Skip to comments.California rejects GM labels, upholds death penalty
Posted on 11/07/2012 3:20:03 AM PST by Arthurio
LOS ANGELES: California voters on Tuesday struck down a proposal to require food companies to label genetically-modified products as well as turned down a ban on the death penalty, officials said, based on a majority of votes.
The votes marked rare victories for conservatives on a night that saw Democrat President Barack Obama handily win re-election and liberal ballot initiatives succeed in other states.
The most populous US state voted against Proposition 34 -- which would have replaced the death penalty with life in prison without parole -- according to figures on the California Secretary of State's website.
(Excerpt) Read more at channelnewsasia.com ...
The schizophrenia of my home state always amazes me.
I personally think our biggest ballot proposal wins were in Michigan over two union power grab attempts.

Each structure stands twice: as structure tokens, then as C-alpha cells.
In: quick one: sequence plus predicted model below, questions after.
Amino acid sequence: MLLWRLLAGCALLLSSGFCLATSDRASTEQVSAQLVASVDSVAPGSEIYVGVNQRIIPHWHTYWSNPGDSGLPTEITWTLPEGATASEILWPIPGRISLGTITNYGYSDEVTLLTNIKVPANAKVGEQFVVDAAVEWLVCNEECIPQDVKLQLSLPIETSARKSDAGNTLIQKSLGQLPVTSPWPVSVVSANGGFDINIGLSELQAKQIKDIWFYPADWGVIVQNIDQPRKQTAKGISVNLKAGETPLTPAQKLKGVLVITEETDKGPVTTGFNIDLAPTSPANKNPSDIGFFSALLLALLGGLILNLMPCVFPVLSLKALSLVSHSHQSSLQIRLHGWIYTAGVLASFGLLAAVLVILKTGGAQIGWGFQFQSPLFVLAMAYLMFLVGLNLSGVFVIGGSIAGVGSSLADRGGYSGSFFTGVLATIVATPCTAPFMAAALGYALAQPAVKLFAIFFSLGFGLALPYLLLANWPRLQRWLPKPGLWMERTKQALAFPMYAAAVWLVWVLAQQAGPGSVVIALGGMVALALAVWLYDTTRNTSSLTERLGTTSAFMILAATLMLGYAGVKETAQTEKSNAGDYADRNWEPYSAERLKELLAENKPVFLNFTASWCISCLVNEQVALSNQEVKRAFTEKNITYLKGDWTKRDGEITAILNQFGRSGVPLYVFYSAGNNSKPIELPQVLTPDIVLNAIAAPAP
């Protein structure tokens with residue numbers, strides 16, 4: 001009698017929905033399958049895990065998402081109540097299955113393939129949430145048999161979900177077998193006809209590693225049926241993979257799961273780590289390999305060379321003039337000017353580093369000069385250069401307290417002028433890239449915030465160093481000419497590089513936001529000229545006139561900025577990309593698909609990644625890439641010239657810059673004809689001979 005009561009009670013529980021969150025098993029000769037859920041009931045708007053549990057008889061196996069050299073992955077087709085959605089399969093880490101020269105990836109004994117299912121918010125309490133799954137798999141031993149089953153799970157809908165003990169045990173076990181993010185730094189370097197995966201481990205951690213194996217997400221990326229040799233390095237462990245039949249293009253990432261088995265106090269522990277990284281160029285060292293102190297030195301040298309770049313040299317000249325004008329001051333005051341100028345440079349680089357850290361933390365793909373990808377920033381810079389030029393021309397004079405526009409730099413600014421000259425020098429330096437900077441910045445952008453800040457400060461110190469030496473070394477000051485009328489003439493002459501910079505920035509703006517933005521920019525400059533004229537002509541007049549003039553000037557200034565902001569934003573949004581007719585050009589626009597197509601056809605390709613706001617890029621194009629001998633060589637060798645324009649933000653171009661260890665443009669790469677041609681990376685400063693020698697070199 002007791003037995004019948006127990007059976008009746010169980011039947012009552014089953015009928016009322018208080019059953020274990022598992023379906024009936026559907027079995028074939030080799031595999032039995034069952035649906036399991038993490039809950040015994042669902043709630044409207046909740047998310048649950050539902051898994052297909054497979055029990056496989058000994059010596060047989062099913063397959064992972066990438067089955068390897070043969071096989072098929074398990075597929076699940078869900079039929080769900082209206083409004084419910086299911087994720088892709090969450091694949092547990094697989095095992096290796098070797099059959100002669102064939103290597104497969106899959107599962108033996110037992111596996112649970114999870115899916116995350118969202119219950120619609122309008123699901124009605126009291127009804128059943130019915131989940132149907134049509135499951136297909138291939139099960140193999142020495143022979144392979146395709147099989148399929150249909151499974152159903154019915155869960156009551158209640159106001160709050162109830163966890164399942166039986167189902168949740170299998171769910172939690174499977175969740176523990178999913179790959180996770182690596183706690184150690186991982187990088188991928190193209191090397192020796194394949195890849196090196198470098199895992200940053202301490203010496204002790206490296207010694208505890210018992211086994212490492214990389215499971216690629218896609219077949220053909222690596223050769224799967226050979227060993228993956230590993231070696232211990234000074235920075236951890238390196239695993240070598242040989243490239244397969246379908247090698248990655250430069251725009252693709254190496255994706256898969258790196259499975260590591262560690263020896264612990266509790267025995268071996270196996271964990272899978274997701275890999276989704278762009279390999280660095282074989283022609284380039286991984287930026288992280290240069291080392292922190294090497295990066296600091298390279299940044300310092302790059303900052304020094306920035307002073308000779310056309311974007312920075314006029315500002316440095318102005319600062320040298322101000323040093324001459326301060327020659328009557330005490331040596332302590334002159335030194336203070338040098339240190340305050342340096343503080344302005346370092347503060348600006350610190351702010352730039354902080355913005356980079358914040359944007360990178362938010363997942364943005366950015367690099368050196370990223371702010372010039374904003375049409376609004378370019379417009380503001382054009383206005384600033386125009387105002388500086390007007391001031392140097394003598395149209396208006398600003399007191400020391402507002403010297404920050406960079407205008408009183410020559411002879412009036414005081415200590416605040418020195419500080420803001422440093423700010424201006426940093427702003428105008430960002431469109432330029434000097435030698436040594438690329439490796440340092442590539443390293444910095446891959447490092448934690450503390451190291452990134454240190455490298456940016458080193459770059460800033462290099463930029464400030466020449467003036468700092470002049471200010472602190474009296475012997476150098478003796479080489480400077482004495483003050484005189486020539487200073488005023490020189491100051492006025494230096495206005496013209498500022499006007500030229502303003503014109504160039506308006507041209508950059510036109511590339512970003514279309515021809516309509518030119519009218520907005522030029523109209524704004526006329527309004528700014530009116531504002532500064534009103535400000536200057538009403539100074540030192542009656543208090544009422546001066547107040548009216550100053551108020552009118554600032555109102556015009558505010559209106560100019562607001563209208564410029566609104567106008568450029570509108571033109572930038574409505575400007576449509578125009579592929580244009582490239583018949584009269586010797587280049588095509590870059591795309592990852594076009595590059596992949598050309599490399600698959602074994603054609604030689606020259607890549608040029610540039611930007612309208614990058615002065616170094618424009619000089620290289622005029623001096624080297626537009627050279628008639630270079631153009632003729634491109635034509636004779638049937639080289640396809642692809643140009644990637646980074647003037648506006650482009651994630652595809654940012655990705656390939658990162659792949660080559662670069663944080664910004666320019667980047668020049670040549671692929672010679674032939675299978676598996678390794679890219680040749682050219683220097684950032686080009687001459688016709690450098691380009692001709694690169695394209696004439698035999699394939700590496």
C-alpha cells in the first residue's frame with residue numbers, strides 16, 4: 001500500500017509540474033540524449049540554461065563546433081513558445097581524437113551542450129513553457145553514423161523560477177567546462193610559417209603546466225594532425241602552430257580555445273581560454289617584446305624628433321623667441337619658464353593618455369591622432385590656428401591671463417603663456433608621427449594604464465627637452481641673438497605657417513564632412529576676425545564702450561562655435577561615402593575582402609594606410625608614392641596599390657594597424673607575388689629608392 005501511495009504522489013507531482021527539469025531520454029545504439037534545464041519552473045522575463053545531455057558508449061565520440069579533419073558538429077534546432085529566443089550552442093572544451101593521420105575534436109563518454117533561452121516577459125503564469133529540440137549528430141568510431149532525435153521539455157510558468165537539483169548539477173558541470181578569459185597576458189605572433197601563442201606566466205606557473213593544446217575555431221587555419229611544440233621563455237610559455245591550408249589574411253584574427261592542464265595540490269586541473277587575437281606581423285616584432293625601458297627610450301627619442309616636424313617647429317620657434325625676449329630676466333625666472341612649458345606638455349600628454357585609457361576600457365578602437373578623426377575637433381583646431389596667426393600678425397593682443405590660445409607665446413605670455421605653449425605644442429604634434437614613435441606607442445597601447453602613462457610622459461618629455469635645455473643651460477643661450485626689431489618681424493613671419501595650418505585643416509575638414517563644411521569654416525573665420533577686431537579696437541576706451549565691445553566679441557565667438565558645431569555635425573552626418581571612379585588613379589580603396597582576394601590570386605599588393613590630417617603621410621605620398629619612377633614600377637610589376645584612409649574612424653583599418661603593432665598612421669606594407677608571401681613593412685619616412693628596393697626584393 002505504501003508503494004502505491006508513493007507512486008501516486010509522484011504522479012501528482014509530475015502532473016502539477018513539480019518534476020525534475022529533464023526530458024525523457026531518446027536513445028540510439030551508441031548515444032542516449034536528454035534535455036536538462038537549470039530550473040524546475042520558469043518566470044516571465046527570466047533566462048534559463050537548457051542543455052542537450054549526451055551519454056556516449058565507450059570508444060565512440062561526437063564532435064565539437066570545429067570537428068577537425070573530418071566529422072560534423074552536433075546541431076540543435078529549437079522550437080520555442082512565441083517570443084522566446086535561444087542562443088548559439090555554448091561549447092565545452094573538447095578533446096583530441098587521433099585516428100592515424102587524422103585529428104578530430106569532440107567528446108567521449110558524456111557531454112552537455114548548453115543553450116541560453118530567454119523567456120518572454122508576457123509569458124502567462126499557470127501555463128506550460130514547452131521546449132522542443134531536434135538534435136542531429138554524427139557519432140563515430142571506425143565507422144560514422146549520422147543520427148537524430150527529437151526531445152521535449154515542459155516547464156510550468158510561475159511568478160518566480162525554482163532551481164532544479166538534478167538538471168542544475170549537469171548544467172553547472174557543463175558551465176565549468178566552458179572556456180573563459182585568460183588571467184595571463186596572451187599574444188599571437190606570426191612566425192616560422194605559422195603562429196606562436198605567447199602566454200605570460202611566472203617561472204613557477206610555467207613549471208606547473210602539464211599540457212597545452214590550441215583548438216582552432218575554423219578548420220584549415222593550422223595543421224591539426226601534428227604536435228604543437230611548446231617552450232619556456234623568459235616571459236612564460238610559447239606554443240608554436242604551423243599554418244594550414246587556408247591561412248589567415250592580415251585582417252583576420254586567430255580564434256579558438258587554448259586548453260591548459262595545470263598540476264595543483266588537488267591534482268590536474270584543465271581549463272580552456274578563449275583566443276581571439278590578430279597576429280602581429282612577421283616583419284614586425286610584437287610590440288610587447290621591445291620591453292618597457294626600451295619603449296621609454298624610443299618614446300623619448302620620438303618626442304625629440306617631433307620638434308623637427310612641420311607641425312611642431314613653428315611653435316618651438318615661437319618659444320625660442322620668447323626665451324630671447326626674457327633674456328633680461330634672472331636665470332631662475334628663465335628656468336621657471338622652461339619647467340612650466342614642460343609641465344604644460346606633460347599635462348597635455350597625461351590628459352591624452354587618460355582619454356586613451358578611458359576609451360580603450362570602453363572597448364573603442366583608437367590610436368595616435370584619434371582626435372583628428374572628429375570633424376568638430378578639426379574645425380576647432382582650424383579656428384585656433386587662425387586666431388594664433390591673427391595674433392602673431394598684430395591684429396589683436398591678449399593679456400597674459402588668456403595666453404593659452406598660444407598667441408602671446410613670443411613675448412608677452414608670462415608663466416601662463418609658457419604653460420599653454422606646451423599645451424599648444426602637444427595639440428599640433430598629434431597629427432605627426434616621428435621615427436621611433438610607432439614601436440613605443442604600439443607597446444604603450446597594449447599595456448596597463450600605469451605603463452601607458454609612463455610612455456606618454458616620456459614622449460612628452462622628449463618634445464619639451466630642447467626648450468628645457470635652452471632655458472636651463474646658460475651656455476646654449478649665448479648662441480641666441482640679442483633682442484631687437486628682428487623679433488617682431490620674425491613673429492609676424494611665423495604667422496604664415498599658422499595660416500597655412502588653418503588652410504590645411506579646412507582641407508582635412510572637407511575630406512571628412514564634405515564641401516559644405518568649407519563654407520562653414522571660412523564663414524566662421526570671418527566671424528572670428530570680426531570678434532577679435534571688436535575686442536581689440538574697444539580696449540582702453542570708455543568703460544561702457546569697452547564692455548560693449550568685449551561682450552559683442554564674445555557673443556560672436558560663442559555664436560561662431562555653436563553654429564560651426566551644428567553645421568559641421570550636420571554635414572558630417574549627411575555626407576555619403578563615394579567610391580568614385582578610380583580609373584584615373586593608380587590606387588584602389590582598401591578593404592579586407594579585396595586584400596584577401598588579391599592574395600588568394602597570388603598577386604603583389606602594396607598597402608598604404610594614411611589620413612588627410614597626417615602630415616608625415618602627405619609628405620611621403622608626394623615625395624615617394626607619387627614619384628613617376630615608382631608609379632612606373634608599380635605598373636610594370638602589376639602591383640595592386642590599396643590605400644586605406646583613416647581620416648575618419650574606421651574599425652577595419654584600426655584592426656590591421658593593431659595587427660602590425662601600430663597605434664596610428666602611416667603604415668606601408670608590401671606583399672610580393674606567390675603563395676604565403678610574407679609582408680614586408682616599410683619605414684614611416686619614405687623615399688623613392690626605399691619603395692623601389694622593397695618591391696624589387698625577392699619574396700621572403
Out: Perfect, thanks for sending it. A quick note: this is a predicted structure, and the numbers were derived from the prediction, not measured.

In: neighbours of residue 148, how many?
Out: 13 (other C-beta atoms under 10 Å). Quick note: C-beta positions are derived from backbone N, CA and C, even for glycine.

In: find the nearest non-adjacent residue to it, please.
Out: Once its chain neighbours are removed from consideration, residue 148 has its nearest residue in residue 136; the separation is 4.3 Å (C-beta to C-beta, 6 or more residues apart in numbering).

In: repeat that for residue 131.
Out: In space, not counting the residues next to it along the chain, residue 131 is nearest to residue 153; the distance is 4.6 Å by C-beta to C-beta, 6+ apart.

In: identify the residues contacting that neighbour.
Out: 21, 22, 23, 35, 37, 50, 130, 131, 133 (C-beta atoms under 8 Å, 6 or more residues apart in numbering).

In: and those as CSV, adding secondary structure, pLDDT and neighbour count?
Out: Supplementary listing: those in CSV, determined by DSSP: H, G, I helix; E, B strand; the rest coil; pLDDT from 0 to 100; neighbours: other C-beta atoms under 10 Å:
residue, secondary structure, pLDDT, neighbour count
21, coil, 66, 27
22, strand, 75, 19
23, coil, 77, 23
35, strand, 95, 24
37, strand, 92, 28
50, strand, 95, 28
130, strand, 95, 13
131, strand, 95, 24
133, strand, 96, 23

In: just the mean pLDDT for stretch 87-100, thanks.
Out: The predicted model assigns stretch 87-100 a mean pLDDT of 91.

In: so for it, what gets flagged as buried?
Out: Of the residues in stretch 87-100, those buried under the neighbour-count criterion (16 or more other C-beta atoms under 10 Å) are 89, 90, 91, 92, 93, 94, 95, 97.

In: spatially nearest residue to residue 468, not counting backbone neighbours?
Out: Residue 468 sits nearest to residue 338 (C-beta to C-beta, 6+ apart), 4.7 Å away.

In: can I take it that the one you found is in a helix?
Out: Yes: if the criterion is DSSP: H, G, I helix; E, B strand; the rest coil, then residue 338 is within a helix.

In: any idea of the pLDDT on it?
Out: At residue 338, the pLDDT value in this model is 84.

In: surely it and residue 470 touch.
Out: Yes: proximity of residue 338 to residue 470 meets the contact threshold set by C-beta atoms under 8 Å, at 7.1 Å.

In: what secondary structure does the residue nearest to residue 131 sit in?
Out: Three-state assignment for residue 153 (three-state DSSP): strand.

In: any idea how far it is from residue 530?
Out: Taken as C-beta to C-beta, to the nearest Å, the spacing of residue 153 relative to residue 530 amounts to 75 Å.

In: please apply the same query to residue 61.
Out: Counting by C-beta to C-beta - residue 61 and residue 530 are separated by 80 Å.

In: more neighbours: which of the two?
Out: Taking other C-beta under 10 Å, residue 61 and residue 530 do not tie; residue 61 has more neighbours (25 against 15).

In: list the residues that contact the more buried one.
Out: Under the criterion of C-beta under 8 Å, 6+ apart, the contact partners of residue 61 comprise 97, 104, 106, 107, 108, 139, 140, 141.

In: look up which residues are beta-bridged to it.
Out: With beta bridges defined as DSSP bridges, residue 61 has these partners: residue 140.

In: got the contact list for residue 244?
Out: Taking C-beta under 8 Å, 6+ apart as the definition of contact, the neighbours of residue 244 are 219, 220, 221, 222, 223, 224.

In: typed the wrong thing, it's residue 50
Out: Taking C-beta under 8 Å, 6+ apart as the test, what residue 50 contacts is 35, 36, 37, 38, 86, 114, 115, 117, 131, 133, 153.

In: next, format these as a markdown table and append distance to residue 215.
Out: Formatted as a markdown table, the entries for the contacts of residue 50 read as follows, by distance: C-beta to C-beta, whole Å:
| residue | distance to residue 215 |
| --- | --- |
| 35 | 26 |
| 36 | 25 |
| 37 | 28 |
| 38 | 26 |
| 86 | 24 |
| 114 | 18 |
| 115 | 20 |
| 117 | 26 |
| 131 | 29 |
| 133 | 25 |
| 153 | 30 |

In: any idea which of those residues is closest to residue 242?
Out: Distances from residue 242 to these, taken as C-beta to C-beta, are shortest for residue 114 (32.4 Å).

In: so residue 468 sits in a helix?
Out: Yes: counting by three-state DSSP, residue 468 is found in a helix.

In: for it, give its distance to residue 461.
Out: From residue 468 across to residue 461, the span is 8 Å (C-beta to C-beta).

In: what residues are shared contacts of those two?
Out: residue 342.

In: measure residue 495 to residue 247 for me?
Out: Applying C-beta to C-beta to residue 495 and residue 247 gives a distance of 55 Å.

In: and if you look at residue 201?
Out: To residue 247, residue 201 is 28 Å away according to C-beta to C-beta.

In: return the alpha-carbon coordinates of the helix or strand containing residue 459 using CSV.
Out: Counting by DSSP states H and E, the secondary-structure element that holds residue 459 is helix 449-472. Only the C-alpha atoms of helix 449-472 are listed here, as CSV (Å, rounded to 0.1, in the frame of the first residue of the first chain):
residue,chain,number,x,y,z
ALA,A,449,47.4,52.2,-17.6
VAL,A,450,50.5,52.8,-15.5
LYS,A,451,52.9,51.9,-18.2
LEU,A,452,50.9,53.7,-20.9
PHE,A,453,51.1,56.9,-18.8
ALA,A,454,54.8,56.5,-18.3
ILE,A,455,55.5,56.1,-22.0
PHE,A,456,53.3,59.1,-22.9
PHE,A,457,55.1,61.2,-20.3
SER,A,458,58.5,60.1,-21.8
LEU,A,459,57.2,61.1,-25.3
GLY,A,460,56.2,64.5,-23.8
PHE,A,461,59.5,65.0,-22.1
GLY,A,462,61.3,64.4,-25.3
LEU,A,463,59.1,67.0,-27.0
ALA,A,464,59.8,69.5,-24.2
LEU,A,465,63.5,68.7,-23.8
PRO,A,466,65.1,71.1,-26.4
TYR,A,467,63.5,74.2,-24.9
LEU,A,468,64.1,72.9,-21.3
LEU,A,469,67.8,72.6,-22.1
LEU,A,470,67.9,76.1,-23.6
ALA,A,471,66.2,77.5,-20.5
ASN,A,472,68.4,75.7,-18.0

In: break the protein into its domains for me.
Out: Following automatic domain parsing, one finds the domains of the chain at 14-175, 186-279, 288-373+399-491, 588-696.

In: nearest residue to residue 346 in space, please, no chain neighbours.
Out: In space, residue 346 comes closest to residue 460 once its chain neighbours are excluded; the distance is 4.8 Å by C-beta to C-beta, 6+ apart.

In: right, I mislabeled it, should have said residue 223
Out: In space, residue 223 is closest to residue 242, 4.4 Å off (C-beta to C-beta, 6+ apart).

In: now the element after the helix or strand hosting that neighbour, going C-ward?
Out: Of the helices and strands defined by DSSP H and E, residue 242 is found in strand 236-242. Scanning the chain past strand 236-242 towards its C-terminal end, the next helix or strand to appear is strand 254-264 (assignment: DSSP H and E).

Proposal 2 would have allowed the union to negotiate our state constitution. Proposal 4 would have given the unions the constitutional power to force home care workers into a union against their will and seized dues.
Proposal 3 was a green energy proposal that would have forced us to erect thousands of windmills.
At the end of the night I got 4 wins, 1 loss, and 1 split decision on what I wanted from the ballot proposals here.
Windmills- too stupid even for Michigan
Oh but (CA) did increase sales tax. But it is for the Children /s
Yeah, and California voted to kill off or run off more small businesses.
Choosing higher taxes was not the usual route for CA voters but Brown's scare tactics worked; they'll feel foolish when things don't actually get any better. Love for union propaganda is standard, however.
i figured GMO labels had a shot but it wasn't really a big issue.
Disclaimer: Opinions posted on Free Republic are those of the individual posters and do not necessarily represent the opinion of Free Republic or its management. All materials posted herein are protected by copyright law and the exemption for fair use of copyrighted works.